I was reminded of this post from Robin McKinley by the question raised in the previous post, about whether Spindle’s End or perhaps another McKinley novel ought to be included on a list of 50 Greatest Fantasy Novels of the Century (So Far).
Here, in a rare blog update, Robin McKinley reports some promising news in the guise of posing questions (and answering some of them).
1. Are you WRITING ANYTHING?* And if so, WHAT?**
2. Are you ever going to finish KES? Is it ever going to be available to buy, either finished or unfinished, but maybe preferably finished?***
3. Are you ever going to finish PEGASUS? I know you don’t do sequels, but surely the ending of PEGASUS isn’t the end. Please say yes.
4. Is there a sequel to . . .
Upon reading these questions, I immediately said, “What’s KES?” Luckily, that is one of the answers provided — McKinley hits the first two of these questions, like so:
ONE. Yes. I’m writing something. Its working title is ONE YEAR DIARY.
She does not promise to finish ONE YEAR DIARY any time this decade, so don’t hold your breath. Also, she says, “It’s a hell of a grim story. It’s not like anything I’ve written before.” Not sure how I feel about that. Sounds like if it ever does appear, I may be waiting to see the first reviews before buying it. Good to have the warning.
TWO. Part One of KES . . . is FINISHED. … And KES will be PUBLISHED.
Evidently this is something McKinley has been writing in tiny fragments and posting in installments. As I say, I was unaware of this. There is a Goodreads page for it, here. There is no official description worth mentioning, but a commenter at Goodreads, Melody, helpfully posts this description:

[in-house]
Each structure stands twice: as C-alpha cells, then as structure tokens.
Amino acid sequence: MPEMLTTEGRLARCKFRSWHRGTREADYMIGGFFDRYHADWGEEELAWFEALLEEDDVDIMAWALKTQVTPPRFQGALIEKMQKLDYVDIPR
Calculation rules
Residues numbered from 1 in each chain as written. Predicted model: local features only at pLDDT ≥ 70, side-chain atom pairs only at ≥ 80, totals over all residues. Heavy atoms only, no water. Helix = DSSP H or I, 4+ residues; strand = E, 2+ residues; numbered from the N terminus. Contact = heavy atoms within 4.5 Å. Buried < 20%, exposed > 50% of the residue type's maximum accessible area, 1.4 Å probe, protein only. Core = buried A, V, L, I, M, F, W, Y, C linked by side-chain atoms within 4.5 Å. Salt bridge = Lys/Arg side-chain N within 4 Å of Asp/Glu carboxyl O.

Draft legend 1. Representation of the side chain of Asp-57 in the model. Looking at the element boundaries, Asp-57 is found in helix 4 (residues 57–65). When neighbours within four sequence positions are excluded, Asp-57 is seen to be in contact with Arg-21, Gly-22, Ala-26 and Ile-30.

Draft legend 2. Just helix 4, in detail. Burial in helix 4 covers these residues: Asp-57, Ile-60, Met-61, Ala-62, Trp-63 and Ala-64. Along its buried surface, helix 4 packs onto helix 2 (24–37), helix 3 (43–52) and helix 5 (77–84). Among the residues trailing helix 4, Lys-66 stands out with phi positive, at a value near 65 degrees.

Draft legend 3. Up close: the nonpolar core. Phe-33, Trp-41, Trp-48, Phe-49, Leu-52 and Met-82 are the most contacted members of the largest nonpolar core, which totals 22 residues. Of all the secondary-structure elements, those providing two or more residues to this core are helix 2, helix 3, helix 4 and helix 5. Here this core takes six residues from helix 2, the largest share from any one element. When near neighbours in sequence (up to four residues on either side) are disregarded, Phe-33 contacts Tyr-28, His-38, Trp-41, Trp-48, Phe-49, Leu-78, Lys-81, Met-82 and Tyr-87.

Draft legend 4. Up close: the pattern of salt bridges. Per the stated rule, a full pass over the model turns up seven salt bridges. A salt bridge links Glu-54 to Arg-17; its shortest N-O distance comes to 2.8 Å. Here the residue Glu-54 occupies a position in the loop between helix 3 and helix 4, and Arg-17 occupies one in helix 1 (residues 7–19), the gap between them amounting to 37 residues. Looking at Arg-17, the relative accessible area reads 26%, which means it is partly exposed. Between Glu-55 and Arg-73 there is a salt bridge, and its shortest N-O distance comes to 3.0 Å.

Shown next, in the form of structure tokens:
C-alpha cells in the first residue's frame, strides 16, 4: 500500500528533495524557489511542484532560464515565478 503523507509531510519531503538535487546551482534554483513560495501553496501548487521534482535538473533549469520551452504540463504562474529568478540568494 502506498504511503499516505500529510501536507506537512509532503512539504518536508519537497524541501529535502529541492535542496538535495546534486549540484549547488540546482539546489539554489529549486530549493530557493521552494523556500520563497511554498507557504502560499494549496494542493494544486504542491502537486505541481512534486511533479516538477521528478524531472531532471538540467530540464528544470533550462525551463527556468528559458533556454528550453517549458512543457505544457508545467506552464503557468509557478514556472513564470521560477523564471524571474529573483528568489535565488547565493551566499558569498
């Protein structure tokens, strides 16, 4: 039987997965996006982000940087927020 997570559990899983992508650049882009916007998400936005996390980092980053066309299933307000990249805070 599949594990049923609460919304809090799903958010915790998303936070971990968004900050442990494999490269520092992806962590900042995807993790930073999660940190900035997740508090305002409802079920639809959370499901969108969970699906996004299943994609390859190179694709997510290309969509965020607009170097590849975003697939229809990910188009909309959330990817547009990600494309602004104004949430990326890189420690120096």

The oddball heroine of this story is just recovering from the breakup of her 18 year marriage. Through a random twist of fate she ends up leaving the familiarity of the city she has lived in all her life for the unknown country to start her new life. Here she faces such sinister forces as whooshing pine trees, teeth gnashing crickets, and cows. But at least there are no cockroaches in the country. Right?
Luckily she is welcomed by a host of friendly, helpful, quirky characters who help her relocate to Cold Valley near New Iceland. Read her adventures as she aquires an oversized house, oversized vehicle and oversized pet. None of these compare to her gargantuan oversized imagination. But that’s good because she IS a fantasy writer.
Join Kes as she struggles with Yggdrasil in the backyard, Yog-Sothoth in the cellar, deinonychus under the porch and sinister men in black shadowing her. Of course those are all just a product of an overactive imagination. Aren’t they? Our heroine couldn’t be more out of place. Or perhaps she will finally find where she always belonged.
I guess it’s the crickets that are gnashing their teeth, not someone’s teeth gnashing the crickets? Thus we see why hyphens are useful; tooth-gnashing crickets would have made this clear. I wonder what the “oversized pet” is? Deinonychus, perhaps? That is a nice feathered dinosaur with the classic dromaeosaur giant claw on the hind food. A Deinonychus would count as an oversized pet since they weighed something on the general order of 200 lbs.
Anyway, as far as I can tell, KES is not available online in serial form any more, so hopefully it will indeed be published. When it comes to McKinley, I don’t count my books till they’re actually in my hands, Goodreads pages don’t count. When an actual cover image appears, I’ll take that as a good sign. She gives no information about when it should appear or from what publisher.